Children in a primary school have reportable data in the following year groups:

  • the end of their Reception year- this judgement is called “Good Level of Development.” Children achieving a good level of development are those achieving at least the expected level within the following areas of learning: communication and language; physical development; personal, social and emotional development; literacy; and mathematics. 
  • in the Summer term in Year 1 as part of a ‘phonics check’. The check tests that individual children have learnt phonic decoding to an appropriate standard.
  • at the end of Year 2, children take SATs in Reading, English grammar, punctuation and spelling and Maths.
  • in Year 4 the children sit a Multiplication Tables Check. The purpose of the Multiplication Tables Check is to determine whether pupils can recall their times tables fluently.
  • in the Summer term in Year 6 children sit their KS2 SATS. They are national tests that children in primary schools across the country sit at the same time.  

Last academic year, performance data was as follows:

  • At the end of Early Years (Reception Year), 79% achieved a Good Level of Development, significantly above the national average of 67.2%.
  • At the end of Year 1, 81% achieved the expected standard in the phonics check, this was above the national average of 79%.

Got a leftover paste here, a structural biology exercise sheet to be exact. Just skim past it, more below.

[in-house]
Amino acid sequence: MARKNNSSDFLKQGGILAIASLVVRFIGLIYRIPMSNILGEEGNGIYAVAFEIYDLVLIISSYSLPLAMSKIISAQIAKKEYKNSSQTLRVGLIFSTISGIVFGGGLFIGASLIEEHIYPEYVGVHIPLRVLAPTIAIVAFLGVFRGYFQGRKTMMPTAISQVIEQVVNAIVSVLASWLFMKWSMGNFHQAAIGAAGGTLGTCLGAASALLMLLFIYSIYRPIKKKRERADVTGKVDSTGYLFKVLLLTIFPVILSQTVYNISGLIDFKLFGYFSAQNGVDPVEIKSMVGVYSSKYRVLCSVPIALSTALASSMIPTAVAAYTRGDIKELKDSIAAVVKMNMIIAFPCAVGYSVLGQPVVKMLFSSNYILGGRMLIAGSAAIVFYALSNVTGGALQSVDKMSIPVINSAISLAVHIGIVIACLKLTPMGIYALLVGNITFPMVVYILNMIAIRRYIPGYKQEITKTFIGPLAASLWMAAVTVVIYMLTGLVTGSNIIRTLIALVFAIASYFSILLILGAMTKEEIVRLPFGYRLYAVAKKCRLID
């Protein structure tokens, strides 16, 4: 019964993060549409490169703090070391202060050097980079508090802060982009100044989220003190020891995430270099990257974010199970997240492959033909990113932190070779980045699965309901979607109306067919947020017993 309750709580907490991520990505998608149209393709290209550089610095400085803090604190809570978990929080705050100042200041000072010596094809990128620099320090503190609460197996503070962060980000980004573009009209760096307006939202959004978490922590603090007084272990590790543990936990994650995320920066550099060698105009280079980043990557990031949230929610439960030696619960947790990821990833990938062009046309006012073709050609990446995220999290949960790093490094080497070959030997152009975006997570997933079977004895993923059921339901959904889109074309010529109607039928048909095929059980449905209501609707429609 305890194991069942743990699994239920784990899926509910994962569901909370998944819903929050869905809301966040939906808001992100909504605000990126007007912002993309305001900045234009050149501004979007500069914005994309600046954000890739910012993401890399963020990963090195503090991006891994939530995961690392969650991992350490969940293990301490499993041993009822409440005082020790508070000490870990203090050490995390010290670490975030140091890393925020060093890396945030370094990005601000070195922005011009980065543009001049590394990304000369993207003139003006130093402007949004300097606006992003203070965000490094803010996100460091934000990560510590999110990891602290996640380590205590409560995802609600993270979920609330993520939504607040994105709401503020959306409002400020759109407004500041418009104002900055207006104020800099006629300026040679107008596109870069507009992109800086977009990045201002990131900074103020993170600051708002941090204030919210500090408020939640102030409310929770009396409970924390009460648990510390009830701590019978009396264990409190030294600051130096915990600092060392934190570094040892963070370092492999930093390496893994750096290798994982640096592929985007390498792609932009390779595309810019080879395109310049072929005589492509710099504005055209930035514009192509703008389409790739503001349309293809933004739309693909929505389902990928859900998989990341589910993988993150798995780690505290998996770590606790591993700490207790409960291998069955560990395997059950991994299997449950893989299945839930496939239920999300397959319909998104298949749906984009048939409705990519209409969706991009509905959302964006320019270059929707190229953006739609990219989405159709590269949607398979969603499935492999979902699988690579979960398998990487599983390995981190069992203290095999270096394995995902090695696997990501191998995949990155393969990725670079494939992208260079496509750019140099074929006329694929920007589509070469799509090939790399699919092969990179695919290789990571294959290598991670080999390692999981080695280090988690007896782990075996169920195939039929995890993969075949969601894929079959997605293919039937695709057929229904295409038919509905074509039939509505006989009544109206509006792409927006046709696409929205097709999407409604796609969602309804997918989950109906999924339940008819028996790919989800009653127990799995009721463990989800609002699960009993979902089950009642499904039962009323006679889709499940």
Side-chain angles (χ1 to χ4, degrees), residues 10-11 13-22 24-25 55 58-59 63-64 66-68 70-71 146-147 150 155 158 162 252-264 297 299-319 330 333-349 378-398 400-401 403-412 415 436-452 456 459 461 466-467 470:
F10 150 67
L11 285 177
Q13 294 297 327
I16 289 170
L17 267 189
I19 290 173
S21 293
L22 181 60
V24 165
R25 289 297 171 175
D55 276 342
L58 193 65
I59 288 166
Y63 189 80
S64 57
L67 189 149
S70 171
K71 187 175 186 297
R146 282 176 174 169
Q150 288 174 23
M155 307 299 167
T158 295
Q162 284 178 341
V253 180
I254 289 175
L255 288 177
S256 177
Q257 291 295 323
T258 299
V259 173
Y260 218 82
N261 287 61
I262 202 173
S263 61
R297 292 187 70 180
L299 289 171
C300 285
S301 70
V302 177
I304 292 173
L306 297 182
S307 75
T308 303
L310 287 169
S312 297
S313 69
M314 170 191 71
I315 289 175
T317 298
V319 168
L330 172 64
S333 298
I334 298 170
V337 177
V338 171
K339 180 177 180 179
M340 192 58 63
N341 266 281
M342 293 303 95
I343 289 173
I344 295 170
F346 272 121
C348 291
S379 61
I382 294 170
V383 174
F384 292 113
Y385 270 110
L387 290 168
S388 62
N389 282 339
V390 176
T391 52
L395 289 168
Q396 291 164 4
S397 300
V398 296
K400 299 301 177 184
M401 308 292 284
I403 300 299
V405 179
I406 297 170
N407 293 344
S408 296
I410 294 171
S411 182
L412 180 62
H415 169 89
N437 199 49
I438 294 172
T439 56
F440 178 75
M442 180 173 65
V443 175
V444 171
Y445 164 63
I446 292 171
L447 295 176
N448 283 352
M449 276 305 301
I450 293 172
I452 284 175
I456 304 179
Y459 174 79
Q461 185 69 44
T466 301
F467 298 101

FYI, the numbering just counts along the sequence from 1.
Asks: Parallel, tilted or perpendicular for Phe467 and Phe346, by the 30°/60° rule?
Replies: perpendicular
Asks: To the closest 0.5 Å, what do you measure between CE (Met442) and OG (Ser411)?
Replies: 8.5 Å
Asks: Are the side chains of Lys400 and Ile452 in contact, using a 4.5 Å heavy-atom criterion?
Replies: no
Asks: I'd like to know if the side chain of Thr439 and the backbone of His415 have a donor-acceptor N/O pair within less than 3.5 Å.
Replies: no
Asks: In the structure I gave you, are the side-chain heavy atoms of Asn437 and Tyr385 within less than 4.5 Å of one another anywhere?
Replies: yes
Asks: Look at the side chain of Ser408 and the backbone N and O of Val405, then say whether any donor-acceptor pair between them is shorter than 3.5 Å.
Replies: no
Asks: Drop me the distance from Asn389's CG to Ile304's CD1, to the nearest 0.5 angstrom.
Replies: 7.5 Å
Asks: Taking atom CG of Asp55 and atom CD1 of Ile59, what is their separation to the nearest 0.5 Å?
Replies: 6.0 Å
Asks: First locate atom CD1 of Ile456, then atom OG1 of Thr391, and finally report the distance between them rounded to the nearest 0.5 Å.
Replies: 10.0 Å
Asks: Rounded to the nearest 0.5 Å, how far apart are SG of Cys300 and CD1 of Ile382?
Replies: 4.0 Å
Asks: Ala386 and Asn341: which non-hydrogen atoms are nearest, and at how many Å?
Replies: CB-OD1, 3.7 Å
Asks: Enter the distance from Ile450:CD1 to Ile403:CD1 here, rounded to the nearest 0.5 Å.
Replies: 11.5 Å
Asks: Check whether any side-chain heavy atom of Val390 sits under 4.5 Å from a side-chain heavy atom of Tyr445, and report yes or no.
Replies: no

• At the end of Key Stage 1 (Year 2), attainment in all subjects was above or at national average: reading, 64%; SPaG, 64%; writing, 60%, maths, 72%
  • At the end of Key Stage 2 (Year 6), attainment in Reading, Writing and Maths was as follows: reading, 64%; writing, 64%, SPaG, 61%; maths, 64%

Assessment information used within school

Within school, teachers use a range of assessment practices in order to inform their daily teaching. Termly this is through standardised assessments which help to inform teacher assessment.

The staff at Greenfields main form of assessment is timely feedback that will in turn help children to make improvements. At Greenfields, we understand how important it is to give children feedback, to accelerate progress for children who have previously underachieved, but also to offer additional individualised challenge and support. 

…be bold ~ You are capable of changing a situation… become the explorer of tomorrow. 

Children are taught to believe and understand that they should have bold ambitions for themselves; that hard work and determination will lead to good results and that there is always a goal to aim for; we are not of a fixed intelligence – this is reflected in the way we feedback the children’s work both to the children directly, but also to

The feedback given to children in their books is intrinsically linked to our school values:

… be brave ~ confront your fears and take a chance… mistakes are the best lessons

… be original ~  never stop asking questions… seek out the answers